Diet and nutritional experts say the so-called “cotton-ball diet” has been around for quite some time now, but a string of recent YouTube videos and social media shares has turned it into a growing diet fad. Now health care professionals are worried that this new diet craze among teenagers could be the most dangerous one yet.

“You're really kind of playing russian roulette when you use these types of diets,” treatment professional at the Eating Recovery Center of California, Jennifer Lombardi, told KCRA. “The biggest concern is it can cause a blockage in the digestive system, and if that happens to a certain extent, they are going to end up in surgery. Just like with any extreme diet, it is very dangerous because you’re depleting your body of needed nutrients.”

What exactly does the cotton-ball diet entail?

In videos posted to YouTube, girls soak cotton balls into orange juice or lemonade in order to add taste. The cotton balls are consumed to either limit the amount of food the individual eats throughout the day or to act as a meal replacement. Extreme dieters believe the expanding cotton in the stomach will trick the body into thinking it is full.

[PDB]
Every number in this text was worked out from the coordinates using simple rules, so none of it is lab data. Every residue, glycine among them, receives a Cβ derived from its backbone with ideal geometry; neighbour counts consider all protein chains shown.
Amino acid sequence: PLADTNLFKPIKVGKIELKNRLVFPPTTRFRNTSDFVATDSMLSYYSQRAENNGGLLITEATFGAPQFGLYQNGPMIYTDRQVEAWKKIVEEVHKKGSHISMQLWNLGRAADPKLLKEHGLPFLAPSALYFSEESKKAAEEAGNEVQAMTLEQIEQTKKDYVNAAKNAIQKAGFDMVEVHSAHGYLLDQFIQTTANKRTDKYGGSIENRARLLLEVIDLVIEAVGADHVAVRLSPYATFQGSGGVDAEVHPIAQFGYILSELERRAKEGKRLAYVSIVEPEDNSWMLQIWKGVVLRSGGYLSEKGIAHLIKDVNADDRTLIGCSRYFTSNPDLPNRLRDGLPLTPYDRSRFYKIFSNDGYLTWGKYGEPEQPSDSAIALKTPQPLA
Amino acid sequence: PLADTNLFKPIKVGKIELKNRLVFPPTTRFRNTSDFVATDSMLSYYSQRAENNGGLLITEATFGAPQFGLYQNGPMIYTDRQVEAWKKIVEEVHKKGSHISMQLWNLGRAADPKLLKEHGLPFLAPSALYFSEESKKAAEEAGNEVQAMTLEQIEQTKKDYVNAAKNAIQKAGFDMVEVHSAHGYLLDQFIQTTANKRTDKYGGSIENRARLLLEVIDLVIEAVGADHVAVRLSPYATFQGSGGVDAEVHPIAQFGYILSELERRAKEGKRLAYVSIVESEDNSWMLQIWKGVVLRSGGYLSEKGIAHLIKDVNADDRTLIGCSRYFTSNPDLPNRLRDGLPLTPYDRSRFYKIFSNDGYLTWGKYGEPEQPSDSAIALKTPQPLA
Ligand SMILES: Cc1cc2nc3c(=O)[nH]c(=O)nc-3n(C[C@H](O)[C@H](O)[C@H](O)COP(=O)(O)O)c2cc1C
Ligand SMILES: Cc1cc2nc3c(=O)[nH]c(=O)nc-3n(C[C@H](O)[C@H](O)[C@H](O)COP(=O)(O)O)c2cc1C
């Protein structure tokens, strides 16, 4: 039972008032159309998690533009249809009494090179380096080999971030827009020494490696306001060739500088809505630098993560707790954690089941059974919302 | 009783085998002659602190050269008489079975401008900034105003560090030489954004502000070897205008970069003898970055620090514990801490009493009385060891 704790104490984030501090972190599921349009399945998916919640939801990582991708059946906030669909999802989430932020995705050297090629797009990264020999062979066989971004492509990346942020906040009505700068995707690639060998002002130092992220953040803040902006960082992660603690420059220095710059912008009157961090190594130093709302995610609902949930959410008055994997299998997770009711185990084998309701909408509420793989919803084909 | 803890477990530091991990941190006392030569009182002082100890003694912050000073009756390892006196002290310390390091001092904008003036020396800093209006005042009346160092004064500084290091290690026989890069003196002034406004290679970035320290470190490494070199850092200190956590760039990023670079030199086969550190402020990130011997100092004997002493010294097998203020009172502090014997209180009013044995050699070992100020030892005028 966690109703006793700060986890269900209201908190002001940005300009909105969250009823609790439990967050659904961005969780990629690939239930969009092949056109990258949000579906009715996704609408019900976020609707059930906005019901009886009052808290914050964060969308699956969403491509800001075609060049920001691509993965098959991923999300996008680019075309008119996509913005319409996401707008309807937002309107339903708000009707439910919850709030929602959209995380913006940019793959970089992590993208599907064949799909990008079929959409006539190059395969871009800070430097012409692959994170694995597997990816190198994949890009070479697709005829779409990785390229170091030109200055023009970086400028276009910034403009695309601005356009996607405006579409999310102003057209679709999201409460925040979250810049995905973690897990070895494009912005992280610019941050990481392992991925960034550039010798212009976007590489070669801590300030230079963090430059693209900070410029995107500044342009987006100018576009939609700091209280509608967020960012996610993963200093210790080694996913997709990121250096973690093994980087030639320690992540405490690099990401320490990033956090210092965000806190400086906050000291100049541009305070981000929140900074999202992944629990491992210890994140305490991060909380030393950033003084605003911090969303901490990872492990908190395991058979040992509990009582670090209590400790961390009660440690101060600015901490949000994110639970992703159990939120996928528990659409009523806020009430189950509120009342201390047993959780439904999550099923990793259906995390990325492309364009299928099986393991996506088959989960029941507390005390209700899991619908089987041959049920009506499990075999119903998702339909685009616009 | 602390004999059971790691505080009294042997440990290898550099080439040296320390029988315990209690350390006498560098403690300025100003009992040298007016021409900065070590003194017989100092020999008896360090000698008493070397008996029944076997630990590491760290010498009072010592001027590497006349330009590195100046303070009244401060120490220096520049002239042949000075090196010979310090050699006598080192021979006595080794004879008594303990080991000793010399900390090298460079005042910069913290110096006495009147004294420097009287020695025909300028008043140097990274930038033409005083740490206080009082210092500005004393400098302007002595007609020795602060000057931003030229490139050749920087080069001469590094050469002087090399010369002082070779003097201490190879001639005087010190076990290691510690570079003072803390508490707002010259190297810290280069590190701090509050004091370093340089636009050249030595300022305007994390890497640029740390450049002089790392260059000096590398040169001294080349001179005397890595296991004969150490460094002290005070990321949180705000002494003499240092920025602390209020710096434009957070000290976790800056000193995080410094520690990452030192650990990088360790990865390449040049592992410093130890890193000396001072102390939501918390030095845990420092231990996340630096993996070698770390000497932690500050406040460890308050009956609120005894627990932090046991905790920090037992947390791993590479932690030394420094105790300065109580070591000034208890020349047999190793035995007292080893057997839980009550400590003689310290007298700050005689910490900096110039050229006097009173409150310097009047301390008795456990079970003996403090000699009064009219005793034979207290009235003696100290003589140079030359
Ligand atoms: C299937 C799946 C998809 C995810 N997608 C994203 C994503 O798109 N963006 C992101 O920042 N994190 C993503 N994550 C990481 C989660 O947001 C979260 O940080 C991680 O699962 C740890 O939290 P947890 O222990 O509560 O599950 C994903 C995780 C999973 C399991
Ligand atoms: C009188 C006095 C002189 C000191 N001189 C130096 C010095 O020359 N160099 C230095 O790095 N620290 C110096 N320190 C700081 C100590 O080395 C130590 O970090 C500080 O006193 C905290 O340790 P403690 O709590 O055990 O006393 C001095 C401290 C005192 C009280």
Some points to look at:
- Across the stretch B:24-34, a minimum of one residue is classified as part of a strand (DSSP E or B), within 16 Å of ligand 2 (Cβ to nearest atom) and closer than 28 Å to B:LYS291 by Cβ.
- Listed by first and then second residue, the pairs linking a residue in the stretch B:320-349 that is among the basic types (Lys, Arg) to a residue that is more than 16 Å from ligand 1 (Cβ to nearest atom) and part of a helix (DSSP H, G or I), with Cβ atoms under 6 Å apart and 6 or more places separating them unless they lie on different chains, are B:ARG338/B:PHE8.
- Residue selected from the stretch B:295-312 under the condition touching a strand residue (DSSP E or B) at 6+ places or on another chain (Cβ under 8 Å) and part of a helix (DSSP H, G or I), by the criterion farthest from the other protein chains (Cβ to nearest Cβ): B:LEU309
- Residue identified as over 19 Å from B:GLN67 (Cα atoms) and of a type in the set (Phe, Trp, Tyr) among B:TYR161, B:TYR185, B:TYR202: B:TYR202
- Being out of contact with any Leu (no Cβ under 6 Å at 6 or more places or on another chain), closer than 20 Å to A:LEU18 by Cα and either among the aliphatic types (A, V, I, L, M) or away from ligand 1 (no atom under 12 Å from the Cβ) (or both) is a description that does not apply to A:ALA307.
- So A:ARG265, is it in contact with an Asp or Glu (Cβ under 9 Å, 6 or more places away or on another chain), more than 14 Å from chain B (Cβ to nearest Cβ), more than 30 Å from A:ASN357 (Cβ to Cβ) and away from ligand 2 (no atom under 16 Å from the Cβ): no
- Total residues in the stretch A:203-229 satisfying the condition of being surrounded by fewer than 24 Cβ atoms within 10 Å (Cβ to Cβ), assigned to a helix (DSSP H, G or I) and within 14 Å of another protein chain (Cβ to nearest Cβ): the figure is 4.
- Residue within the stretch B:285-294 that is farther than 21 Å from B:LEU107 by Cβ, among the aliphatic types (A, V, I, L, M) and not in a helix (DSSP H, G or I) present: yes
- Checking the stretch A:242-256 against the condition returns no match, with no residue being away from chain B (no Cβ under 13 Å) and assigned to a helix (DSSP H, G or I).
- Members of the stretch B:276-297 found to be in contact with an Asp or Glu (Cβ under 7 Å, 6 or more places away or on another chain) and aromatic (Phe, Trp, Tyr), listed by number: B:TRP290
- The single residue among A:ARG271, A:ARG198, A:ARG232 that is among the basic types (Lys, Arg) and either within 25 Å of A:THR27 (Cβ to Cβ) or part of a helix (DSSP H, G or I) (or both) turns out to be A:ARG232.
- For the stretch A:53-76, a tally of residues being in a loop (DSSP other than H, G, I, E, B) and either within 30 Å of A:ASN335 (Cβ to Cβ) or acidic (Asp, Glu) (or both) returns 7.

Experts who have come across this dieting fad are worried about its immediate and long term consequences for teenagers. By ingesting a material such as cotton, doctors say a person can put themselves at risk for a number of health issues ranging from choking to intestinal blockage. Some don’t consider it a diet fad at all and relate it more to some type of eating disorder.

“The problem being that taking the non-nutritive foods is you're not getting the vitamins, the minerals, the calories, the proteins, the fats that our bodies need to survive off of,” manager of Fairwinds Eating Disorder Program, Kourtney Gordon, told WTSP. “So you can have a lot of growth and development issues, you can have complications of being malnourished."

According to the National Eating Disorder Association, 40 to 60 percent of young girls begin to show anxiety over their body size or shape by the age of 6. Approximately 20 million women and 10 million men suffer from an eating disorder at some point in their life. Clinically recognized eating disorders include anorexia nervosa, bulimia nervosa, and binge eating disorders.